The most riveting moment in the interview [with Prince Andrew] came at the very end. The Prince, finally acknowledging Epstein’s deeds, said, “Do I regret the fact that he has quite obviously conducted himself in a manner unbecoming? Yes.” Maitlis immediately dispensed with the inappropriate euphemism. “Unbecoming? He was a sex offender,” she replied, forcing the Prince to reckon with the brute fact. Being challenged: Prince Andrew must have found that experience unsettling and unfamiliar—even further from his rarefied experience than eating pizza, taking selfies, and recognizing the personal autonomy of members of the serving class, those people passing through whom one doesn’t need to notice.
It seems unthinkable that a post apartheid government would – through wilful neglect, callousness or incompetence – perpetuate and further entrench the educational apartheid so lovingly championed by Hendrik Verwoerd and his National Party regime. Yet, as a recent Supreme Court of Appeal (SCA) judgment on the non-delivery of textbooks to some schools illustrates, this is exactly what has happened over the past three years in Limpopo province.
As the SCA pointed out this week in its judgment in Minister of Basic Education and Others v Basic Education for All (BEFA) and Others, “basic education should be seen as a primary driver of transformation in South Africa”.
This suggest that any state committed to transformation would, at the very least, make every human effort to ensure the provision of basic education is equitable and gives every child a fair shot at succeeding. In short, one would have expected that the state would do everything it humanly could to ensure that poor, rural or black children were not discriminated against in the provision of basic education on the basis of their race, class, gender or other relevant characteristic.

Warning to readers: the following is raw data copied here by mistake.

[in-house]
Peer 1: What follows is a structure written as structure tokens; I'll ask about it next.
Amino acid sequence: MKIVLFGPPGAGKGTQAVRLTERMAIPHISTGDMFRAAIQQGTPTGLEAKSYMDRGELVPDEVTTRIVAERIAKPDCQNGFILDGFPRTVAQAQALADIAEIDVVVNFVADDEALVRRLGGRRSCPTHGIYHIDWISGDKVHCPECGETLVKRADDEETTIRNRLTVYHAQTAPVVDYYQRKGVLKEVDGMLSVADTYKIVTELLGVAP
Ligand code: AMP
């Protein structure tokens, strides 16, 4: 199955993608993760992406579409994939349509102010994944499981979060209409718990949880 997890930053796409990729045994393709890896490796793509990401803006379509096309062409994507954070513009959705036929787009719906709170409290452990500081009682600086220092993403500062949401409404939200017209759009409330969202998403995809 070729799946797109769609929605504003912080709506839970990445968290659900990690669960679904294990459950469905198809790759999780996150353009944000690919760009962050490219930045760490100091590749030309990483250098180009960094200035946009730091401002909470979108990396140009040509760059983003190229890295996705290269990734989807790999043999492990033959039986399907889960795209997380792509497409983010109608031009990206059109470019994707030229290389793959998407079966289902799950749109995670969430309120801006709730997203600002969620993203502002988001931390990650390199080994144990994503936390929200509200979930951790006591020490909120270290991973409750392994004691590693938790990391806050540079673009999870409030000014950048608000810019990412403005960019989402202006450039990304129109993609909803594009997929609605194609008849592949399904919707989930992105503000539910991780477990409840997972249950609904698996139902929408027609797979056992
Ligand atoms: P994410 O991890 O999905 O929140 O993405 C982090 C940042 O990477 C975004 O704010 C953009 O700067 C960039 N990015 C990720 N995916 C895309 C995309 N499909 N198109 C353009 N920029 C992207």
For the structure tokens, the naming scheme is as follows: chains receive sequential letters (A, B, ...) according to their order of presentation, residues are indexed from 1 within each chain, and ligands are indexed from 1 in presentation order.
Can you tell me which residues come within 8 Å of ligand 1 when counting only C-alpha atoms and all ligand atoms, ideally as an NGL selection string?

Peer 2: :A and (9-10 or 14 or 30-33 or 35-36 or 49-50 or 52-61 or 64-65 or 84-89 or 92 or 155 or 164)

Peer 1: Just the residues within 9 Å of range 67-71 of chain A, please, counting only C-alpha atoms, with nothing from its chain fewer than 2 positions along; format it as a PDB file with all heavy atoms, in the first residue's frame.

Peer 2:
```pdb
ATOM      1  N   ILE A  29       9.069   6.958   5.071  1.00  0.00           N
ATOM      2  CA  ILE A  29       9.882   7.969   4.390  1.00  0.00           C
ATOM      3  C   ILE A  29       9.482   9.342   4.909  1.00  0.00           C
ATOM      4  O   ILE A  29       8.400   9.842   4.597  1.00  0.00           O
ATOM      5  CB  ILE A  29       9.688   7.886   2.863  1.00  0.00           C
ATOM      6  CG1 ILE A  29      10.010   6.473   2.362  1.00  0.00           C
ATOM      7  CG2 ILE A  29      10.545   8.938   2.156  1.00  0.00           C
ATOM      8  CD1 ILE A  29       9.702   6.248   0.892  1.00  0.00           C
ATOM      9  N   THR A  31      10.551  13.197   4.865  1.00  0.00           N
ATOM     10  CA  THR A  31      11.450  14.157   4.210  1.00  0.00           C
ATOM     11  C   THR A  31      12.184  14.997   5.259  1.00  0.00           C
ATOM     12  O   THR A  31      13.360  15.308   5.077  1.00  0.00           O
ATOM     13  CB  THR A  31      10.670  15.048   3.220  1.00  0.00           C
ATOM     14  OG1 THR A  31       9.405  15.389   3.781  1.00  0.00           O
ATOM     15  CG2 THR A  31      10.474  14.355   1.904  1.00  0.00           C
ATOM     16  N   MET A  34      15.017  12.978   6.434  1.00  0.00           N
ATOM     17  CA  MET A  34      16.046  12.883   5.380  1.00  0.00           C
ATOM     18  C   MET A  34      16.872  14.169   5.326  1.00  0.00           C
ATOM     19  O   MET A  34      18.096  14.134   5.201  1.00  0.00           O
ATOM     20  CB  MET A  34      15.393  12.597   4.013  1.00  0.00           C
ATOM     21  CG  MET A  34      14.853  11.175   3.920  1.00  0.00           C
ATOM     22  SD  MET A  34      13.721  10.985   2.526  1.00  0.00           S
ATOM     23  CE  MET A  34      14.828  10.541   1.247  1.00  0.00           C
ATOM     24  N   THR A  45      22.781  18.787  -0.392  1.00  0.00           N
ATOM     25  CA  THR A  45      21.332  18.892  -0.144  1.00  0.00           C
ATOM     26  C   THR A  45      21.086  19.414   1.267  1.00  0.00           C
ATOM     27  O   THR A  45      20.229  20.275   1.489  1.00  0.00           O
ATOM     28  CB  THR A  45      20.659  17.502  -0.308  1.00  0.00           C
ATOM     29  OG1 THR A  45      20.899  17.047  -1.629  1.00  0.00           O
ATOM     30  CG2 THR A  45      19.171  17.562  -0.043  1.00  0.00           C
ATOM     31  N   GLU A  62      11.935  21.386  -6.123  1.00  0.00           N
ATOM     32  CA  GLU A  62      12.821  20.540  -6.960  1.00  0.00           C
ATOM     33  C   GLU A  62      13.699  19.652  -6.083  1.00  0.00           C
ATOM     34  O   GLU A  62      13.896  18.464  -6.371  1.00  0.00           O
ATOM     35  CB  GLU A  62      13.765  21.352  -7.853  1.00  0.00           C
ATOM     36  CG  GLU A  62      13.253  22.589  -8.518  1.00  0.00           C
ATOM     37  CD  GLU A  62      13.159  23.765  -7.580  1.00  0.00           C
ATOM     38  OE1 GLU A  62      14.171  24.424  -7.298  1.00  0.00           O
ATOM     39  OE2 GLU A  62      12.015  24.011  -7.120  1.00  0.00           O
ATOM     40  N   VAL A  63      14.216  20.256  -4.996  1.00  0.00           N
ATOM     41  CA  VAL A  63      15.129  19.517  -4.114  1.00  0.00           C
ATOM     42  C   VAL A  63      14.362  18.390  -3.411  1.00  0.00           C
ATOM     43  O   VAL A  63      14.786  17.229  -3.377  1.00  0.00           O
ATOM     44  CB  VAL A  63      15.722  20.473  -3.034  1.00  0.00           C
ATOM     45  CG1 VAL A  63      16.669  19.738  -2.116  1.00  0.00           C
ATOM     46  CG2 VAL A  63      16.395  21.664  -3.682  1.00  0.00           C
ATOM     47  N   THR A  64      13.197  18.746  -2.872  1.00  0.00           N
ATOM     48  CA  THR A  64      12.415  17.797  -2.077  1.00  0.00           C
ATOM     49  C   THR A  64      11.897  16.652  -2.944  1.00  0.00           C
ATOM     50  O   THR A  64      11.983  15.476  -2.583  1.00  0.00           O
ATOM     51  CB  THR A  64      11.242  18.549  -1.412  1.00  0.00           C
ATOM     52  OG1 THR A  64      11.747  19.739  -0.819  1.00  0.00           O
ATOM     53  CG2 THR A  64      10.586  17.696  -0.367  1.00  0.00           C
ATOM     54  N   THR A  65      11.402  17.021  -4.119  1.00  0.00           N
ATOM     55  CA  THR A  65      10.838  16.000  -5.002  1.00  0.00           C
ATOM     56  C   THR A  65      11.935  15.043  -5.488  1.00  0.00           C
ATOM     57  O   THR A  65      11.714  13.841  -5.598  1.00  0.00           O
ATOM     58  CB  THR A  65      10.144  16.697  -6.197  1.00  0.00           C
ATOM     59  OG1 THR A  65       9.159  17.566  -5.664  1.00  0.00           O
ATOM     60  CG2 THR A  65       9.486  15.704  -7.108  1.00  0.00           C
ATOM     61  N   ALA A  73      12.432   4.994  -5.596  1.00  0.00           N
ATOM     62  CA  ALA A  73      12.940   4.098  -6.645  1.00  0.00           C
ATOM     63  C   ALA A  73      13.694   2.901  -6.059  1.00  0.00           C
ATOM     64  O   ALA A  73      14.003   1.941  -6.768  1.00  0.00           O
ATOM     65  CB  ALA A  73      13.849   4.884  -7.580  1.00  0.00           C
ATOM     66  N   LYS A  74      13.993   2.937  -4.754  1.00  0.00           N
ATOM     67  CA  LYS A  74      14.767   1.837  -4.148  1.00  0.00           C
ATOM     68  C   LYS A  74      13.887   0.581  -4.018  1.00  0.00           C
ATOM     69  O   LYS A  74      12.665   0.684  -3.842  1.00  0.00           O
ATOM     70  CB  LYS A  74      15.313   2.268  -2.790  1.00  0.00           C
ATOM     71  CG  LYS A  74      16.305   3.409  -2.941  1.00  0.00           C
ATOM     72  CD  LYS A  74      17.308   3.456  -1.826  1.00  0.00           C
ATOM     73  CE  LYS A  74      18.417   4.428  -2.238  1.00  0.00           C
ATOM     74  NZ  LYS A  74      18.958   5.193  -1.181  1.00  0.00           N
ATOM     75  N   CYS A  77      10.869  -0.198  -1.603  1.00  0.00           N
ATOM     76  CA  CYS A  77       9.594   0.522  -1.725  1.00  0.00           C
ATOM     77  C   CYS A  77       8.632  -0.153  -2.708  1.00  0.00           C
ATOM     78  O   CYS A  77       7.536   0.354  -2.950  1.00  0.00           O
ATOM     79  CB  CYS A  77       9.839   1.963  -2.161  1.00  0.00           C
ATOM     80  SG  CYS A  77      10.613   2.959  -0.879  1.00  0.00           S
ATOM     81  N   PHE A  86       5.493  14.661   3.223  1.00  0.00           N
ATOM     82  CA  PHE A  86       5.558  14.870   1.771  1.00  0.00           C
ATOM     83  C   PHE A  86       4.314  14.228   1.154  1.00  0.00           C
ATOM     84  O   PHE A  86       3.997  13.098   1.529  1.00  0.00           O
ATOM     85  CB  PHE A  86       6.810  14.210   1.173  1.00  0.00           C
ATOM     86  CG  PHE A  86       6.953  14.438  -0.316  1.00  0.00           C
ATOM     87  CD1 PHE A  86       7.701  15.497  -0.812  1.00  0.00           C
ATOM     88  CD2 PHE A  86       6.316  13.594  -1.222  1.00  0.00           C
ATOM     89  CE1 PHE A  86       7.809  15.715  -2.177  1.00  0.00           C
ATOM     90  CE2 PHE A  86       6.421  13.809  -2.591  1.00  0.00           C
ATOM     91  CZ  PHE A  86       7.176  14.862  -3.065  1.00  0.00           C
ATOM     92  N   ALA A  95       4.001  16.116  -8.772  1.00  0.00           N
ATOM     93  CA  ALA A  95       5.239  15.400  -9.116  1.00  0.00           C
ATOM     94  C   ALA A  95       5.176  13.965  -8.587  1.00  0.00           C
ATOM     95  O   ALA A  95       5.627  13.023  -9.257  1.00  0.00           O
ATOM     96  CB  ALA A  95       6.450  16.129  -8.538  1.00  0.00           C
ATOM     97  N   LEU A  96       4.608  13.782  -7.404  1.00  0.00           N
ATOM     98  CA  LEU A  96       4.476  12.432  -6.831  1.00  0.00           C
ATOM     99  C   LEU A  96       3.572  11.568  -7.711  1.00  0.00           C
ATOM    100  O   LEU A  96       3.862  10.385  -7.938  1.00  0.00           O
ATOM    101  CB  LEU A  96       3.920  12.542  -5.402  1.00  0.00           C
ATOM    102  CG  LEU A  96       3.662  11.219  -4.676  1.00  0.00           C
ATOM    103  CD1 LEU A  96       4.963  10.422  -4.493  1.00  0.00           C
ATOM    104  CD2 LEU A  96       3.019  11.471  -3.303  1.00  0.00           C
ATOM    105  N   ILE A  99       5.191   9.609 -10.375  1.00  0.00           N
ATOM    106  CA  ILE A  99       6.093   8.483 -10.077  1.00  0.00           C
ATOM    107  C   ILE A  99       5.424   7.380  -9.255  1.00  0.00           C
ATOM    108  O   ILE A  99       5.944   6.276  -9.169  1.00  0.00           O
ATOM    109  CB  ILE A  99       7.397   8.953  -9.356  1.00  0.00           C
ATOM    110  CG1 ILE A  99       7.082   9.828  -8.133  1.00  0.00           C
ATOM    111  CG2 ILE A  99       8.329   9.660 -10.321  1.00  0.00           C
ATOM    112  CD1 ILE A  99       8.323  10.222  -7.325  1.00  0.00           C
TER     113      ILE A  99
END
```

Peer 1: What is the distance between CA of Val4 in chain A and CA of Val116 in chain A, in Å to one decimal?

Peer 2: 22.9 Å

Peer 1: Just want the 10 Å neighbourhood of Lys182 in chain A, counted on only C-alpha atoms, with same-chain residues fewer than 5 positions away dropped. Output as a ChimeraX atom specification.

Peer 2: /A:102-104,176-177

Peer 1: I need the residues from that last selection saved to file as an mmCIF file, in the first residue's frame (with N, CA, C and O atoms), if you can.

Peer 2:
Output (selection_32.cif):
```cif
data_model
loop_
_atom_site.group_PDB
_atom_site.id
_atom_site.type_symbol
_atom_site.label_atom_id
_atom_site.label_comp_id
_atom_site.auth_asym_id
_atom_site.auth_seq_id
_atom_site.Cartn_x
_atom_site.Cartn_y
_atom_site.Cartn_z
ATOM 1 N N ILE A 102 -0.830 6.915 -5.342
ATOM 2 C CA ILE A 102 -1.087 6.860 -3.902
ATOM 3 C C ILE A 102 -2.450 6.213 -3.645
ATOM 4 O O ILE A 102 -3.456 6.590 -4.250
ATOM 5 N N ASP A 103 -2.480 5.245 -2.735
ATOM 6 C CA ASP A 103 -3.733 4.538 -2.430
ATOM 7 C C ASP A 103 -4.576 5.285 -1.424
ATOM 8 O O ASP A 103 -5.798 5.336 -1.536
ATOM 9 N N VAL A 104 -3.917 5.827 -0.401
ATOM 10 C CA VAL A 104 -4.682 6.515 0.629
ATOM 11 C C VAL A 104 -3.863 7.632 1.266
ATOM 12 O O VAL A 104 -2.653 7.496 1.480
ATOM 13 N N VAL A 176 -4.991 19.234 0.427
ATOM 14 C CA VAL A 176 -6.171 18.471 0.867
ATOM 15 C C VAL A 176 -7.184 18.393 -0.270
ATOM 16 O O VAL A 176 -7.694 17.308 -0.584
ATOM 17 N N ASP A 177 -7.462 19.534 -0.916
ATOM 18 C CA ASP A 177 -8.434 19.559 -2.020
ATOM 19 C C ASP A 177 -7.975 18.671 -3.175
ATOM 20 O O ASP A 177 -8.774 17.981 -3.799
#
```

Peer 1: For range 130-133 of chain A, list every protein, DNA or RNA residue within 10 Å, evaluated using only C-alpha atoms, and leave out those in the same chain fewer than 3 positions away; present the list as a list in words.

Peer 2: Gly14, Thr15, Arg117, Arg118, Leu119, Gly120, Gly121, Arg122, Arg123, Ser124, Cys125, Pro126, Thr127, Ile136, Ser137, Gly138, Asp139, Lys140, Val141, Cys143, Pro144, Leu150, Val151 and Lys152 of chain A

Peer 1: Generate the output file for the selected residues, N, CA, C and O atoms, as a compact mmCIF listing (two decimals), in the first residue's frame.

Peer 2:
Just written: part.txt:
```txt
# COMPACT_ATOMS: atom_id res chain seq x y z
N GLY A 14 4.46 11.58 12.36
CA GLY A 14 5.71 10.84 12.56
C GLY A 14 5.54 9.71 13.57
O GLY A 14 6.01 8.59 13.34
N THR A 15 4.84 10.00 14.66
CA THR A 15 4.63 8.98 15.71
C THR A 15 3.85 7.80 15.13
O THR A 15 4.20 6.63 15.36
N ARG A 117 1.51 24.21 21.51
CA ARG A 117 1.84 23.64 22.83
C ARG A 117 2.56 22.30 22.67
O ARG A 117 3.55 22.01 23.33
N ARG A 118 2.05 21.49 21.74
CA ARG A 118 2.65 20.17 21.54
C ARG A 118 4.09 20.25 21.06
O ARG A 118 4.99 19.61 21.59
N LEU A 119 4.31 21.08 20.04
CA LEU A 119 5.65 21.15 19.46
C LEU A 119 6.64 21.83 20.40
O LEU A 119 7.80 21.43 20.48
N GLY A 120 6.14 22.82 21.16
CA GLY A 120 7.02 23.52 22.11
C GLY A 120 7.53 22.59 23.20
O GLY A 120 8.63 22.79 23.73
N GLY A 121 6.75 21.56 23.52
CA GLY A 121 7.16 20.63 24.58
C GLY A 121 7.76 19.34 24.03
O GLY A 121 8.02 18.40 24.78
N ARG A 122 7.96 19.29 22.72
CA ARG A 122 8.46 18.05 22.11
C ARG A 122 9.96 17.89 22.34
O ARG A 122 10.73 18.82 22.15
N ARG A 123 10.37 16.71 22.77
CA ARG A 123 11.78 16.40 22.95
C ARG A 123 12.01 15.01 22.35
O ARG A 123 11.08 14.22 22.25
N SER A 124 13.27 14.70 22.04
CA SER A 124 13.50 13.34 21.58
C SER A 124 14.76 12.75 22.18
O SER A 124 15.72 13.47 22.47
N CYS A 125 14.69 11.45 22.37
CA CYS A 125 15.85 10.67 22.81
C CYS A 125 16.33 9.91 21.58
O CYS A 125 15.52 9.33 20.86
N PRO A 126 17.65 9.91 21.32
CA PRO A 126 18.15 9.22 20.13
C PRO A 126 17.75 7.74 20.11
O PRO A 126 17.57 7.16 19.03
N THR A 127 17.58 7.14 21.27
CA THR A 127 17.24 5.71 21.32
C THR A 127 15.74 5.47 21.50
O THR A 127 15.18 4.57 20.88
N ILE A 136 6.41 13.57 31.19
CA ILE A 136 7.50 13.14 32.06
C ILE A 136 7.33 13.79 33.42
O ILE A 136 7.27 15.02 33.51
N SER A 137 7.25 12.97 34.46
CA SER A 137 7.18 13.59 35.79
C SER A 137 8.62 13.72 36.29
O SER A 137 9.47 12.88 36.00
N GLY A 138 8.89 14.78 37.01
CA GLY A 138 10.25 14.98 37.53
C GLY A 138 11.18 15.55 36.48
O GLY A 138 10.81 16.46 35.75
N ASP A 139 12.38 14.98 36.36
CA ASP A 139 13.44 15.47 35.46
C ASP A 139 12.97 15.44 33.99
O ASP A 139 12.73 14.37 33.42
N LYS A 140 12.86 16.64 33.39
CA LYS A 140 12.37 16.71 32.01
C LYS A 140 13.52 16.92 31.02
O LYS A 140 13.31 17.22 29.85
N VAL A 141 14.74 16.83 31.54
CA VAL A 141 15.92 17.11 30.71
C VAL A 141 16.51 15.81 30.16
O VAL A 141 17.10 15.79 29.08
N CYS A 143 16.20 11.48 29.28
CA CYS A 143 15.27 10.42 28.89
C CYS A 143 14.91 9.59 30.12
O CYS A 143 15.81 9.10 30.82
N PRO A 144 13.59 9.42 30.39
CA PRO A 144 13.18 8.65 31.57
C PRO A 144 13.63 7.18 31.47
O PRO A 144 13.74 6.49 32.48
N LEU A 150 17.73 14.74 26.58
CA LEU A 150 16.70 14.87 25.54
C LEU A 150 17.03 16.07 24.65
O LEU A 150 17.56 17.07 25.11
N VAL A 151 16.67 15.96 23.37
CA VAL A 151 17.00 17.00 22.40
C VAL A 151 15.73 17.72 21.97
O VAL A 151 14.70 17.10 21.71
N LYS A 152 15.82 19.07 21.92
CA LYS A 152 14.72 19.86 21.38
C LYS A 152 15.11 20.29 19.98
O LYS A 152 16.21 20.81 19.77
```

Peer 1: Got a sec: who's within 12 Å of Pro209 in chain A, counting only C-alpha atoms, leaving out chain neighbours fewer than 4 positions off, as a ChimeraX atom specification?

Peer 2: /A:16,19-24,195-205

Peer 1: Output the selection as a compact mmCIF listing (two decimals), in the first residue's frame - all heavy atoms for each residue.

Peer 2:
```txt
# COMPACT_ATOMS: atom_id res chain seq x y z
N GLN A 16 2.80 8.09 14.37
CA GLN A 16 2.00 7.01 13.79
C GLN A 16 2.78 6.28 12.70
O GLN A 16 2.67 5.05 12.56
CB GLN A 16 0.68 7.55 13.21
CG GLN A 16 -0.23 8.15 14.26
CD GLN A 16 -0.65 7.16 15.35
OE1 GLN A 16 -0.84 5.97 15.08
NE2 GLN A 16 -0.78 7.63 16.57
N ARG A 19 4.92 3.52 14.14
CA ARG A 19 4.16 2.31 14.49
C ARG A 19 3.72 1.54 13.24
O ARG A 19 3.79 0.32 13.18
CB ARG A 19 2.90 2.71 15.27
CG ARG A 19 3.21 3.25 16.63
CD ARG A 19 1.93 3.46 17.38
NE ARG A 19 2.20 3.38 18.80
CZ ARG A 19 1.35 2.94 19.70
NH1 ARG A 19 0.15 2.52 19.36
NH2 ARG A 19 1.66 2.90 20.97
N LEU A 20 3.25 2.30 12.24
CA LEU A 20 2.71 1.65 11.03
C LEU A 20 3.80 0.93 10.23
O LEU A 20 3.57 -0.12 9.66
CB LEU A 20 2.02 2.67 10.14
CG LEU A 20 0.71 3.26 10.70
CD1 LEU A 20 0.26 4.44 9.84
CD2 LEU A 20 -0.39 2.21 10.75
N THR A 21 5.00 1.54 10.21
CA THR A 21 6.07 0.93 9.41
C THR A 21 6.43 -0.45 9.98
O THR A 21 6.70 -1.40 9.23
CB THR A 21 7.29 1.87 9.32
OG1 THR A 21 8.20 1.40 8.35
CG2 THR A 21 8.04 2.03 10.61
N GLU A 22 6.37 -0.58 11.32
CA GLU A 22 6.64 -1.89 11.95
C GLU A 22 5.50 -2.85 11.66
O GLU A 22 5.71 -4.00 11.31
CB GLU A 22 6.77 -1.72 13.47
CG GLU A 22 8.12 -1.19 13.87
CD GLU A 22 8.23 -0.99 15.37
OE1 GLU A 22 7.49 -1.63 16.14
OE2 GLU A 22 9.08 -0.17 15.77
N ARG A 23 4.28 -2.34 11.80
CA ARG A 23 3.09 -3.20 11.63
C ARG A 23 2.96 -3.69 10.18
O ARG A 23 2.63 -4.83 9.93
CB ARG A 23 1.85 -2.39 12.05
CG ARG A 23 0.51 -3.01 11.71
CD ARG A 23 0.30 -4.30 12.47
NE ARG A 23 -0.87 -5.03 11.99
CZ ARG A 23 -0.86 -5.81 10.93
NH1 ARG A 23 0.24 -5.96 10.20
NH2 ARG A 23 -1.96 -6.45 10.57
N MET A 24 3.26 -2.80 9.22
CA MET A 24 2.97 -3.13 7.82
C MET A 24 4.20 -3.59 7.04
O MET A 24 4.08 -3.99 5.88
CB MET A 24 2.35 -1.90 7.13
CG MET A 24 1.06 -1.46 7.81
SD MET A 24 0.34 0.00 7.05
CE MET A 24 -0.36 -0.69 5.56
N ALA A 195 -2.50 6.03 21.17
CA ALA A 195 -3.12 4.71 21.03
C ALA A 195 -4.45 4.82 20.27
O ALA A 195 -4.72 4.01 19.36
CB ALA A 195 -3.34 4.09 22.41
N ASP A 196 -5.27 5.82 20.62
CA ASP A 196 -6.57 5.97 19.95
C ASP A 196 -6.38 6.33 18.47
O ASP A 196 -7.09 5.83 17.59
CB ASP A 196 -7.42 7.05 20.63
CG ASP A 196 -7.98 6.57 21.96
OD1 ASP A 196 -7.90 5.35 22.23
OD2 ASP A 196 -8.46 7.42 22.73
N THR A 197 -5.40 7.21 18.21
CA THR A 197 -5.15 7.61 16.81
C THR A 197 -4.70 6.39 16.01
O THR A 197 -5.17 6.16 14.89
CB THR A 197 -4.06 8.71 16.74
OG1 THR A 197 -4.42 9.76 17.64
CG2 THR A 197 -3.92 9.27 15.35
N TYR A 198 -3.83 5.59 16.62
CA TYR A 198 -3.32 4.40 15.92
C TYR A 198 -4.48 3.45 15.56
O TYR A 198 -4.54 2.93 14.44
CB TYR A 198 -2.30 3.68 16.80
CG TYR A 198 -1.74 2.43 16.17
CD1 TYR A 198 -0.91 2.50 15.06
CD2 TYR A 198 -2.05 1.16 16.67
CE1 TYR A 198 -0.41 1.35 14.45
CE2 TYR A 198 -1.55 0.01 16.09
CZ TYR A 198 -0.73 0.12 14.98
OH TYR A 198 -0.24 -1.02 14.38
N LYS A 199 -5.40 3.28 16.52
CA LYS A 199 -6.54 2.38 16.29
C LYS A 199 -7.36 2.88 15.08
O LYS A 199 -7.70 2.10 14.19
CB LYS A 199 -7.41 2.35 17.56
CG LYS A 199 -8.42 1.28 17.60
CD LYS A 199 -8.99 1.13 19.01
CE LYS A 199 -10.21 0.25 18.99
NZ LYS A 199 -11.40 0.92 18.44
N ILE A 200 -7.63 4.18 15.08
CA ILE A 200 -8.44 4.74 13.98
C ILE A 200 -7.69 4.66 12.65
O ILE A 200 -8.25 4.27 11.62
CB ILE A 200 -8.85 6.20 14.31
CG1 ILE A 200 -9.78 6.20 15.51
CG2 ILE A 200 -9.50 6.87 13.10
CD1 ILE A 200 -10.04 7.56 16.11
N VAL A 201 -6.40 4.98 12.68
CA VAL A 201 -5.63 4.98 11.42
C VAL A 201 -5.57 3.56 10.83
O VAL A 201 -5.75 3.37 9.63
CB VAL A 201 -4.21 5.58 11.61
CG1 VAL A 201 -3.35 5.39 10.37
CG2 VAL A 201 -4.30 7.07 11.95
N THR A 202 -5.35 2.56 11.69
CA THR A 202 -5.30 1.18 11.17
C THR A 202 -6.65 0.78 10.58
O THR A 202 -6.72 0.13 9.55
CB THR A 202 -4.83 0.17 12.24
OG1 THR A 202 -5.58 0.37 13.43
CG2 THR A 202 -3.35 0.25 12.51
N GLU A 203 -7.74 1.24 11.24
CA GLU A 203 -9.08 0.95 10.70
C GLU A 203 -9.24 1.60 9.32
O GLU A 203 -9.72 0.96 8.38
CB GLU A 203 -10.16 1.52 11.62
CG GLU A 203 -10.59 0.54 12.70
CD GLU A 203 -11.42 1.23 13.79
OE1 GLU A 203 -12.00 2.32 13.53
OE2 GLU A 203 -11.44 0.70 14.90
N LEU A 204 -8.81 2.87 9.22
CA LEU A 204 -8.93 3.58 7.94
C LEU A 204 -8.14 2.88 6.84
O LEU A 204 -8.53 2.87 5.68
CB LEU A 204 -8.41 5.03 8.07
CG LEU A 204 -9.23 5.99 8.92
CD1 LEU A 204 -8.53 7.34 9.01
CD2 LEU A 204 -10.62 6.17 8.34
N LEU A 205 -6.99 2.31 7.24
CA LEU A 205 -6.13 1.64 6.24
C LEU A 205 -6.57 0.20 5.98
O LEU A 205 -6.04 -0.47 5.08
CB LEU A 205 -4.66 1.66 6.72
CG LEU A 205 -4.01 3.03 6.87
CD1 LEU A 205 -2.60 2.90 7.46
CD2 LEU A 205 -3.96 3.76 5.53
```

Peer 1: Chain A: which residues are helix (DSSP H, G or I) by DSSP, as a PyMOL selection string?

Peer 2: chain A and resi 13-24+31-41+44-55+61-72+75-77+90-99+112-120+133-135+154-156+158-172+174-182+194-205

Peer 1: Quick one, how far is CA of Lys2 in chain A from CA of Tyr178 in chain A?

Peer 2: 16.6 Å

As the Constitutional Court noted in Head of Department: Mpumalanga Department of Education and Another v Hoërskool Ermelo and Another:
The cardinal fault line of our past oppression ran along race, class and gender. It authorised a hierarchy of privilege and disadvantage. Unequal access to opportunity prevailed in every domain. Access to private or public education was no exception…. It is so that white public schools were hugely better resourced than black schools. They were lavishly treated by the apartheid government. It is also true that they served and were shored up by relatively affluent white communities. On the other hand, formerly black public schools have been and by and large remain scantily resourced. They were deliberately funded stingily by the apartheid government. Also, they served in the main and were supported by relatively deprived black communities. That is why perhaps the most abiding and debilitating legacy of our past is an unequal distribution of skills and competencies acquired through education. In an unconcealed design, the Constitution ardently demands that this social unevenness be addressed by a radical transformation of society as a whole and of public education in particular.
Yet, while some changes for the better have occurred in the education field over the past 21 years, the state has not managed to effect the “radical transformation” of public education as demanded by the Constitution. Twenty-one years after the end of apartheid the quality of basic education provided to learners still largely depends on whether a child and his or her parents are middle class or not, live in the city or in a rural area, are black or white, male or female, or are lucky enough to live close to a school not rendered catastrophically dysfunctional because of weak leadership.